Sometimes you know that a fanout is going to occur, but you've thought it through and decided that you don't need aggregate functions or that the ones you plan to use will work properly. In that case, Looker will definitely allow you to define your joins however you like. Just use sql_on to define your join. As a reminder, the syntax will look like:

explore: person {
join: child {
sql_on: ${child.parent_id} = ${person.id} ;;
}
}

But I want to have my cake and eat it, too!


There are some clever ways to avoid inaccuracy with aggregate functions, even if you have problematic joins. If you can force the information in your joined tables to have a one-to-one relationship with your primary table, you can use aggregate functions to your heart's content.
 

Group your data in a one-to-one join


At the very beginning of this article, we started with the customer table, joined in order, and then saw some bad behavior when we extracted total customers and total visits. As a reminder, the tables look like this:

customer
customer_id first_name last_name visits
1 Amelia Earhart 2
2 Charles Lindbergh 2
3 Wilbur Wright 4
order
order_id amount customer_id
1 25.00 1
2 50.00 1
3 75.00 2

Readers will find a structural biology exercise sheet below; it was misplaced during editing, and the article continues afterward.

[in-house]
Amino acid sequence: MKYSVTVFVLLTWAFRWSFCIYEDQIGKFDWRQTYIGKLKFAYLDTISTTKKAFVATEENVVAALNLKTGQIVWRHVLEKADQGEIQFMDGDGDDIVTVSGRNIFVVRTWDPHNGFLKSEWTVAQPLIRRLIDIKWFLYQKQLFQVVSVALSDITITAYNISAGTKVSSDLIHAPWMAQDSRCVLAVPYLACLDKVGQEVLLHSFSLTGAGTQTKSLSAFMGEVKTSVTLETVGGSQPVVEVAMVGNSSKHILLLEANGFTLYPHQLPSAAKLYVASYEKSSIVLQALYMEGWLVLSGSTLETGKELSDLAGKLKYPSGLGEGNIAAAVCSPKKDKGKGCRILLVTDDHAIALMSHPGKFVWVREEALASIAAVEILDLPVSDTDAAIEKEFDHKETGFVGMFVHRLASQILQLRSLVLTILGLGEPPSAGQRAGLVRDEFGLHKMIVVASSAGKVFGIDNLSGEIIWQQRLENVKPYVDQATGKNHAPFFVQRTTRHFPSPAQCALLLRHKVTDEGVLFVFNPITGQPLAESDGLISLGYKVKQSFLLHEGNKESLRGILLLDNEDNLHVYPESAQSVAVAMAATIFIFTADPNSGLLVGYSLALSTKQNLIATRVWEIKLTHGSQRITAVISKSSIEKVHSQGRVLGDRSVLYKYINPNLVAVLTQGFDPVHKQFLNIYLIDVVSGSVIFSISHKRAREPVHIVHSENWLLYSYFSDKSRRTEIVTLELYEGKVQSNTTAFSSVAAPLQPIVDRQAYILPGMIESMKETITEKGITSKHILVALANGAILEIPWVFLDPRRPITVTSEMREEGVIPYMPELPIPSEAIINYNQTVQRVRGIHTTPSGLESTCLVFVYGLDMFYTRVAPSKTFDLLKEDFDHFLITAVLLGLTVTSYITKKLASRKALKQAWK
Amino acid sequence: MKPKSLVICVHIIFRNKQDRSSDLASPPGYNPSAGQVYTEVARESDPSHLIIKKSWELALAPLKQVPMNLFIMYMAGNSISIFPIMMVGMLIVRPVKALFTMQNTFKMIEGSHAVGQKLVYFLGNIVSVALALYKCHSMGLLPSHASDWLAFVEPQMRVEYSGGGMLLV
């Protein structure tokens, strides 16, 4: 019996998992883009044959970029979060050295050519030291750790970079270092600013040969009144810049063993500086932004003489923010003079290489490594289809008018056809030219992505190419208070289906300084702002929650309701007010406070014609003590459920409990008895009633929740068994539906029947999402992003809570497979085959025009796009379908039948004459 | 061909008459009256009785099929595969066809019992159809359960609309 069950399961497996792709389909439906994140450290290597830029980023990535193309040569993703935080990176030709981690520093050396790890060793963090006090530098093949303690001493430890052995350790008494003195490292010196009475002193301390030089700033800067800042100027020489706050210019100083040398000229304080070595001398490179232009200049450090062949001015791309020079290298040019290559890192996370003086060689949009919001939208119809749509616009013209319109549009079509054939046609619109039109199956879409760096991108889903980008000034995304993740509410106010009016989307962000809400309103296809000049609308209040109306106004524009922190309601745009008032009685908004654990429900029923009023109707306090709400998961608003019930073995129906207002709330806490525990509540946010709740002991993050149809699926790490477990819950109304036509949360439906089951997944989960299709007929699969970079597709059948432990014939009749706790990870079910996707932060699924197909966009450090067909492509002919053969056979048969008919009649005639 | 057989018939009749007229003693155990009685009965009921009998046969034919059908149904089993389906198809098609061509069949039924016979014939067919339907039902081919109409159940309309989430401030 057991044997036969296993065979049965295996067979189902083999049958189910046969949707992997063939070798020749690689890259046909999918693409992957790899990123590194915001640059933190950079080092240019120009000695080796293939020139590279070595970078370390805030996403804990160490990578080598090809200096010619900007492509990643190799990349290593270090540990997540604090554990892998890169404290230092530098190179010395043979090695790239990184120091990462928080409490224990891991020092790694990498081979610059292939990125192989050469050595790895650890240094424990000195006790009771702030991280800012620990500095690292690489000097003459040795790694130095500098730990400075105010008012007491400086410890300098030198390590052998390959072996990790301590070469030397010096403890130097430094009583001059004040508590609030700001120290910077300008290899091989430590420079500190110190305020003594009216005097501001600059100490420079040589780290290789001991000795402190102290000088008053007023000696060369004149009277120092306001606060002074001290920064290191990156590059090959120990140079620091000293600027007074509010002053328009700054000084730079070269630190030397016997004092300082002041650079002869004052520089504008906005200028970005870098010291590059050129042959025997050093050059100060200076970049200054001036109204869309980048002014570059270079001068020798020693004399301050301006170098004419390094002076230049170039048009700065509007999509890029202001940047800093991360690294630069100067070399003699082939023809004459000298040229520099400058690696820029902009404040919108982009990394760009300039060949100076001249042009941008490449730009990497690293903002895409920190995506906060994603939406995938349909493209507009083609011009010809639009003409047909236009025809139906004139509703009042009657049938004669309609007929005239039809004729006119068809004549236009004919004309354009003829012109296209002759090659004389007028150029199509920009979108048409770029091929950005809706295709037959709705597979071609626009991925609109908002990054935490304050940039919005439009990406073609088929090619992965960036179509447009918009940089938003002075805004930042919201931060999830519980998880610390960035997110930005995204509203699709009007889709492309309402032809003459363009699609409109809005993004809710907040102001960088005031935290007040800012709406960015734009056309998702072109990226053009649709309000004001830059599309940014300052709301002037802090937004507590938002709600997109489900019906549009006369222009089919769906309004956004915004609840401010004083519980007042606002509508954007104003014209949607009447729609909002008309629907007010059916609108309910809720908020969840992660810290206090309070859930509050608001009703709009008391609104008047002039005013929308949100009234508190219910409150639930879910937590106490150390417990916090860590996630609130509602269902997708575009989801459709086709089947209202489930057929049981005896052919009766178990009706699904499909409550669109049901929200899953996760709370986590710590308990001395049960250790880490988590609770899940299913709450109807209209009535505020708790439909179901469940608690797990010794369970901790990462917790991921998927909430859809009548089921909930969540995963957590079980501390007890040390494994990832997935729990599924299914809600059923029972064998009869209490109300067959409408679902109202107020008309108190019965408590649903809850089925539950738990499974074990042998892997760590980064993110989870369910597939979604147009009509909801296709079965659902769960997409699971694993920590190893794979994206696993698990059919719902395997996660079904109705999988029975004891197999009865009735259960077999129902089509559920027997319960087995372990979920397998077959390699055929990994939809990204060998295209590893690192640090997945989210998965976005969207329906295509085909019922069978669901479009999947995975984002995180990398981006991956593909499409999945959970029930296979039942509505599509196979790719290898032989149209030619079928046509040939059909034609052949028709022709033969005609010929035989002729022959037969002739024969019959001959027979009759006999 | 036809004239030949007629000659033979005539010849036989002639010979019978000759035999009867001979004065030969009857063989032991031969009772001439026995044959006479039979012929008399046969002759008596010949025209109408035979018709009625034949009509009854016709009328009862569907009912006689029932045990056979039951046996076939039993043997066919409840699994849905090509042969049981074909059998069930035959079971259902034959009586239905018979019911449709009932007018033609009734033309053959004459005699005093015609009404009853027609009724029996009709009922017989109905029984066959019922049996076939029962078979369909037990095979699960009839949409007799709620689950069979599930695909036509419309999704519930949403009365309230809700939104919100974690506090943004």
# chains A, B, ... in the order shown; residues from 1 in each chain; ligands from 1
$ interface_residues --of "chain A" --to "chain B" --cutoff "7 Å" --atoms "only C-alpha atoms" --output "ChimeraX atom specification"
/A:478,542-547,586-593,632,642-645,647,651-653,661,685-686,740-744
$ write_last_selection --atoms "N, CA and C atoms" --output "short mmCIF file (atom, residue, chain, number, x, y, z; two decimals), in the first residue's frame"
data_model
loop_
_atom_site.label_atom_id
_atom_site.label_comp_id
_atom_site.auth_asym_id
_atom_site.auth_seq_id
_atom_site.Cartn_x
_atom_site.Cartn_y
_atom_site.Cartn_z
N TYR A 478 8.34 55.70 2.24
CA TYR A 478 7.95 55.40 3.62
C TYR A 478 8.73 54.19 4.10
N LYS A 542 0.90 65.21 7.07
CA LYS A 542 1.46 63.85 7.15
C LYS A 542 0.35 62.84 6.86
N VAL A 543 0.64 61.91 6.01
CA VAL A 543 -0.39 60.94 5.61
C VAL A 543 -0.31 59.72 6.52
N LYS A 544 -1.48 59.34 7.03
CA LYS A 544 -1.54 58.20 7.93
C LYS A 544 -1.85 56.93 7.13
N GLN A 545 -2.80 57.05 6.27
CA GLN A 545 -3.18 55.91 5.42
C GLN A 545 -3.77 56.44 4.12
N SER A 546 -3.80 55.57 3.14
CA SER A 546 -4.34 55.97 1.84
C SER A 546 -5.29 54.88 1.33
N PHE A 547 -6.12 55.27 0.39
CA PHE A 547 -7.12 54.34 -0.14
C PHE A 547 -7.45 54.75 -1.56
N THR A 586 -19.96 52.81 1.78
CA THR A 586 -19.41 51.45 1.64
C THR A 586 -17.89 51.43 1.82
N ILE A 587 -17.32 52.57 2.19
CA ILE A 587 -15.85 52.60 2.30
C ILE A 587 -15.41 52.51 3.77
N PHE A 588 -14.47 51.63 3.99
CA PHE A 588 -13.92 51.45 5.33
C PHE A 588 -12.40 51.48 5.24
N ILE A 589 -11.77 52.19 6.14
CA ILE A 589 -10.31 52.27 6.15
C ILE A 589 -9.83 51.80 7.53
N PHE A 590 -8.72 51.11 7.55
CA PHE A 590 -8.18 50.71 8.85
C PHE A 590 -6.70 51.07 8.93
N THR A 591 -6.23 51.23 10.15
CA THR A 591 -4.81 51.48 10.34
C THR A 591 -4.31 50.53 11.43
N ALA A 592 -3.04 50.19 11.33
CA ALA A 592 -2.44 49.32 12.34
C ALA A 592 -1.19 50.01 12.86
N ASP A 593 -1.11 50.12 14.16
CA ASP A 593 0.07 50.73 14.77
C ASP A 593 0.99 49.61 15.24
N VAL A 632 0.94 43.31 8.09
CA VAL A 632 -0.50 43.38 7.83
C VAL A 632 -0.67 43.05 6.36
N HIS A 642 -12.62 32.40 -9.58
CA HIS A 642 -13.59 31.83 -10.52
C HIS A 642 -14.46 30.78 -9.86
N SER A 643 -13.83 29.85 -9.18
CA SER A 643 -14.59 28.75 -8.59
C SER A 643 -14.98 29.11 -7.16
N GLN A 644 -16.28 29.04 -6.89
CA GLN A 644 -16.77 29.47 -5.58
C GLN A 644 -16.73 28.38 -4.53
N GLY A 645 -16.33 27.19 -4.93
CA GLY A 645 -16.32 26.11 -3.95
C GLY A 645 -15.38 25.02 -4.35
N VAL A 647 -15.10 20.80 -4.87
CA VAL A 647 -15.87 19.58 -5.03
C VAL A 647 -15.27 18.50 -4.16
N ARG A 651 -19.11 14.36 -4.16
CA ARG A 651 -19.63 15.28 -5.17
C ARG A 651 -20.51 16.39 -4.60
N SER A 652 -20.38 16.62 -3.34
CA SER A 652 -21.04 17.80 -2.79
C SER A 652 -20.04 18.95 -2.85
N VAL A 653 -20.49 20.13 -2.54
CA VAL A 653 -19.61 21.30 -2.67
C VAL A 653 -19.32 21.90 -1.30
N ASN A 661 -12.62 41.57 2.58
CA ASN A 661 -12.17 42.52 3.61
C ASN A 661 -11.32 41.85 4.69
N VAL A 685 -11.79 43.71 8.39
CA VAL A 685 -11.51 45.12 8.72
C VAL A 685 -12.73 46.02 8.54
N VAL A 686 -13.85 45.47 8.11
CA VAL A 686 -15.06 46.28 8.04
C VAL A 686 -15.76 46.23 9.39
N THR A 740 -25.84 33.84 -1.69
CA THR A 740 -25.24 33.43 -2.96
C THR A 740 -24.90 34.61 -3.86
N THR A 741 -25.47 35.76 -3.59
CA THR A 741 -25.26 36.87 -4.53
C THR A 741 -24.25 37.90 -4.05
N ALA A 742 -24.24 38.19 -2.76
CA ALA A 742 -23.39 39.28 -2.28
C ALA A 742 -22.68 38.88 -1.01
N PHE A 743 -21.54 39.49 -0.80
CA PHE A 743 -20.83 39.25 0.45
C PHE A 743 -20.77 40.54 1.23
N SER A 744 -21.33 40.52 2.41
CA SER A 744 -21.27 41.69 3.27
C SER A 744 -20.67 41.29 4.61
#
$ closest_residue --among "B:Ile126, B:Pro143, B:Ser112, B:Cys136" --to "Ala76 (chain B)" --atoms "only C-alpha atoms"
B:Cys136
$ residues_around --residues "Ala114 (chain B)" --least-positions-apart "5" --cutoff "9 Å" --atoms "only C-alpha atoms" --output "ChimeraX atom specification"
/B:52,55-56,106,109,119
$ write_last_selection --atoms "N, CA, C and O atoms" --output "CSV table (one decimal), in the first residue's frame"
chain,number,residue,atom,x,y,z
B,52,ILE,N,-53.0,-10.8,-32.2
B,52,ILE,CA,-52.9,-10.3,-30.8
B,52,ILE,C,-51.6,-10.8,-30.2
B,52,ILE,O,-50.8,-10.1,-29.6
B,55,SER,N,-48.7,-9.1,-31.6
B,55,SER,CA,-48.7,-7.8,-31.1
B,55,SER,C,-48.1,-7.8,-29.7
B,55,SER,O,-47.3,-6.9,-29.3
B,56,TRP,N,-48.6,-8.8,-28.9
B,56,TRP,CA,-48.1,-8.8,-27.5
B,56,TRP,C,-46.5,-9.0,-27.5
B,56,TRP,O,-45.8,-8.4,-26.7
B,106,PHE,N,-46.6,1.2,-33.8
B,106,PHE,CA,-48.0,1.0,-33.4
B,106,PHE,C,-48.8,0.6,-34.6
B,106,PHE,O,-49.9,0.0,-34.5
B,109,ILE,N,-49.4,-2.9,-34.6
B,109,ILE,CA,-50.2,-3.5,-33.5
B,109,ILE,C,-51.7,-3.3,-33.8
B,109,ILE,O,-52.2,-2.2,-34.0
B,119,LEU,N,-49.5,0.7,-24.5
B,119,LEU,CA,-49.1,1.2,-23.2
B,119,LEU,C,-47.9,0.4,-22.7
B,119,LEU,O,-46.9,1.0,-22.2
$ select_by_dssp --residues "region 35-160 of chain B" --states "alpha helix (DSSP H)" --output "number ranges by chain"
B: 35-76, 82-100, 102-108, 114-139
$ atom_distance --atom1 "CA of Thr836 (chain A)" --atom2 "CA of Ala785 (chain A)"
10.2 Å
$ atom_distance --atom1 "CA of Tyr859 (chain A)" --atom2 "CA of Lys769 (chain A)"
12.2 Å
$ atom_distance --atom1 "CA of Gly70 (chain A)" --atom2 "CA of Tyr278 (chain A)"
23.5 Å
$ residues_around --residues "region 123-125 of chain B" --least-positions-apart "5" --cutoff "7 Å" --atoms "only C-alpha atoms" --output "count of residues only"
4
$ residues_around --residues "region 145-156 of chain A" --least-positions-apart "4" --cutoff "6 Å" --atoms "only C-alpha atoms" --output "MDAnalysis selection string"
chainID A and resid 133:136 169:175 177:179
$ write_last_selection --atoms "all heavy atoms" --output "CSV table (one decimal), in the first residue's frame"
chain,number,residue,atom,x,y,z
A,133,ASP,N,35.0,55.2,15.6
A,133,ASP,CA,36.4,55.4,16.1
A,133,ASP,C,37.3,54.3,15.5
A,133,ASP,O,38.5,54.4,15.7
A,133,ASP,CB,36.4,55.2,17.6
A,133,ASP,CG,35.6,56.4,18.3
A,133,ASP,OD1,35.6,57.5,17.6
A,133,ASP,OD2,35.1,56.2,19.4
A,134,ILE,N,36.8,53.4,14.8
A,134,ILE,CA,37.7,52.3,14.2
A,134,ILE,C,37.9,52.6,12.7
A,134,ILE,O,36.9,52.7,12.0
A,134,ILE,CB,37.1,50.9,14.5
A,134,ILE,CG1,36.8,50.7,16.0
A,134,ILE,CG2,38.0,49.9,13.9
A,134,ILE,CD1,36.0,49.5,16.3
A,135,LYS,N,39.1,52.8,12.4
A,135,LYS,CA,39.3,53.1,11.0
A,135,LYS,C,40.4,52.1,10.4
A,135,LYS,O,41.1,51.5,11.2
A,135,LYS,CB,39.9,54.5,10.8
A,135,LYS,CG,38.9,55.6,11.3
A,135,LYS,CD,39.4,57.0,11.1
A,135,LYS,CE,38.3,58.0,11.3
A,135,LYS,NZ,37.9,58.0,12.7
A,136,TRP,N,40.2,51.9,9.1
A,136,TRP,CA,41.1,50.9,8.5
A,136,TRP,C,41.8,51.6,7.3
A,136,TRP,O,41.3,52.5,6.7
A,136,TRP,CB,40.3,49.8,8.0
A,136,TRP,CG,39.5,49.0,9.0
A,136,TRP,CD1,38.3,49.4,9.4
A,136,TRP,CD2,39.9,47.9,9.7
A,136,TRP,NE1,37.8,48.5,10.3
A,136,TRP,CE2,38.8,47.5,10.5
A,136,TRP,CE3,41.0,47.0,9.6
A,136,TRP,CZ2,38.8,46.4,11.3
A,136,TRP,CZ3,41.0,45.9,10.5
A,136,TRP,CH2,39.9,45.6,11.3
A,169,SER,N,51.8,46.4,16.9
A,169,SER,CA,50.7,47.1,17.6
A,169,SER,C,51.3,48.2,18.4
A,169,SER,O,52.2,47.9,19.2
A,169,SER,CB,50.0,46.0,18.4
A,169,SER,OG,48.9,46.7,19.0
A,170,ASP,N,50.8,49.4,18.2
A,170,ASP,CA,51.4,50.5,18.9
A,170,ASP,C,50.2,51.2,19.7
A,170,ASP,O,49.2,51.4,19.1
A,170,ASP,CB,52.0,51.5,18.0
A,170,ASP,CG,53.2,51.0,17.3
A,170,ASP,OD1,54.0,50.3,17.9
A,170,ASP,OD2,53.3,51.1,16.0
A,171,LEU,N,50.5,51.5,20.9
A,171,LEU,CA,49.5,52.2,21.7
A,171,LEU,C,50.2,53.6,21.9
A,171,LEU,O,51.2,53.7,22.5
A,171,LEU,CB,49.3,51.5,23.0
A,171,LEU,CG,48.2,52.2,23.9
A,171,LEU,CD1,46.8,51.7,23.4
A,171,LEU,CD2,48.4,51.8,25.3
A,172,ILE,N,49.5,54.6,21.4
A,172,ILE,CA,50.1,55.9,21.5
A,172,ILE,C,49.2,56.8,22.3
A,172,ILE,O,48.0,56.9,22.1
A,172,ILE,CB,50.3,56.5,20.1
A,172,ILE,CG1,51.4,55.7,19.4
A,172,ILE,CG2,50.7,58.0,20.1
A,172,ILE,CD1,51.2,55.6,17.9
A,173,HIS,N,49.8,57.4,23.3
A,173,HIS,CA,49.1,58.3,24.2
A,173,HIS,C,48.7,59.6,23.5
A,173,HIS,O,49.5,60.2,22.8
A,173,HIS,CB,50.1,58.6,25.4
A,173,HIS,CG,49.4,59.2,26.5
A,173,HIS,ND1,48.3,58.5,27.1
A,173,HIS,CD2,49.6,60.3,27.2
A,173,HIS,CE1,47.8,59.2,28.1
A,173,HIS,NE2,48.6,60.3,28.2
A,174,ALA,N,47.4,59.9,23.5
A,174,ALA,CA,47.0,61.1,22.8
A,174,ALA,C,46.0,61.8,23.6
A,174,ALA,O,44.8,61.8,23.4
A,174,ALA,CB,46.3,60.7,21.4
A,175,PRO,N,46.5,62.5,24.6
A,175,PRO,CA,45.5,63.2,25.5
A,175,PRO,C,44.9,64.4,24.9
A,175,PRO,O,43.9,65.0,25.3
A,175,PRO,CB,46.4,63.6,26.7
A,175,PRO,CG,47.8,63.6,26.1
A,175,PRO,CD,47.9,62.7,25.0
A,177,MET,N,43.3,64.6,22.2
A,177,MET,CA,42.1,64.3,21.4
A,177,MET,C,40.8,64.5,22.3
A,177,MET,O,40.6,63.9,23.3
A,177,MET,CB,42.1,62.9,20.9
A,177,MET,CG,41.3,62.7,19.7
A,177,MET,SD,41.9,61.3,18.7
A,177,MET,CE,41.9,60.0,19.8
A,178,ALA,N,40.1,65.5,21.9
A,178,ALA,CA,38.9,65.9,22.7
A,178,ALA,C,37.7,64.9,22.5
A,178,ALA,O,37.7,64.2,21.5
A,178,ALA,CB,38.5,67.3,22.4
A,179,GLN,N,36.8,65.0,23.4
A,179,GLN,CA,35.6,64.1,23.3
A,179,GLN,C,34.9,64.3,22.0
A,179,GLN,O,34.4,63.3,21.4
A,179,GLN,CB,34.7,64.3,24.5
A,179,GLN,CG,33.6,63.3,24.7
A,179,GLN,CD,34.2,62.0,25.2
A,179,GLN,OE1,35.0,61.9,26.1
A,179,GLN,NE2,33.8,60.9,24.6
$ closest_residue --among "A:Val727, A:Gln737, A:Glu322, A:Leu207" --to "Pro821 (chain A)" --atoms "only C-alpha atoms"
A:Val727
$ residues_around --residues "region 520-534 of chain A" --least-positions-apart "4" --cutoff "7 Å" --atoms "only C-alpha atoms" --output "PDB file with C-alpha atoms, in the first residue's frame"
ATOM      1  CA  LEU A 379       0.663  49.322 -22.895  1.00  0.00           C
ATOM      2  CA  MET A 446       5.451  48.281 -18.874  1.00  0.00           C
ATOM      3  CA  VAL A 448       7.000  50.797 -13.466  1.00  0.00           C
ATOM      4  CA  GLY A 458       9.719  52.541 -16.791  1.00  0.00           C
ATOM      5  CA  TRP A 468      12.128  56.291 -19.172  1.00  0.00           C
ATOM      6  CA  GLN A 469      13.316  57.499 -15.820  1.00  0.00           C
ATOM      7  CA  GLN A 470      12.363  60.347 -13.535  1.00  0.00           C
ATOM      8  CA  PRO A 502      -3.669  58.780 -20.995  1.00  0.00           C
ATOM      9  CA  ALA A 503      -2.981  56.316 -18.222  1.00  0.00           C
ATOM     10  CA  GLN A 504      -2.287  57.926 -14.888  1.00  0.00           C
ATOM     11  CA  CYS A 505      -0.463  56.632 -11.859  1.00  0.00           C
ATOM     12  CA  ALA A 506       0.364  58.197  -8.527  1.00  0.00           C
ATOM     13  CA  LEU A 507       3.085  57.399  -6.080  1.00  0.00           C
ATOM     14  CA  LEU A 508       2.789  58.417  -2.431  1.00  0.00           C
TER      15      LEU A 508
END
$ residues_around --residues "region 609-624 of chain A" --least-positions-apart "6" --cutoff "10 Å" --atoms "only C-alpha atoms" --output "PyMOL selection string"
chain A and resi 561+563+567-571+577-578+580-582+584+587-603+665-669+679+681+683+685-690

4 100.00 3


One approach we might take, to get this data joined together in a safe way, is to group the order table by customer_id. In so doing, we'll create a single row to be matched with each row in customer and end up with a one-to-one relationship. The SQL to perform this grouping might be written as:

SELECT   customer_id,
SUM(amount) AS total_amount
FROM order
GROUP BY customer_id

The resulting table will look like this:

customer_id total_amount
1 75.00
2 75.00
3 105.00


If you compare this result set to the customer table, you can see that it will join quite nicely. To actually execute the join in SQL, you would need to use a sub query:

SELECT *
FROM customer
LEFT JOIN
(
SELECT customer_id,
SUM(amount) AS total_amount
FROM order
GROUP BY customer_id
)
AS customer_totals
ON customer.customer_id = customer_totals.customer_id

The resulting table will look like this: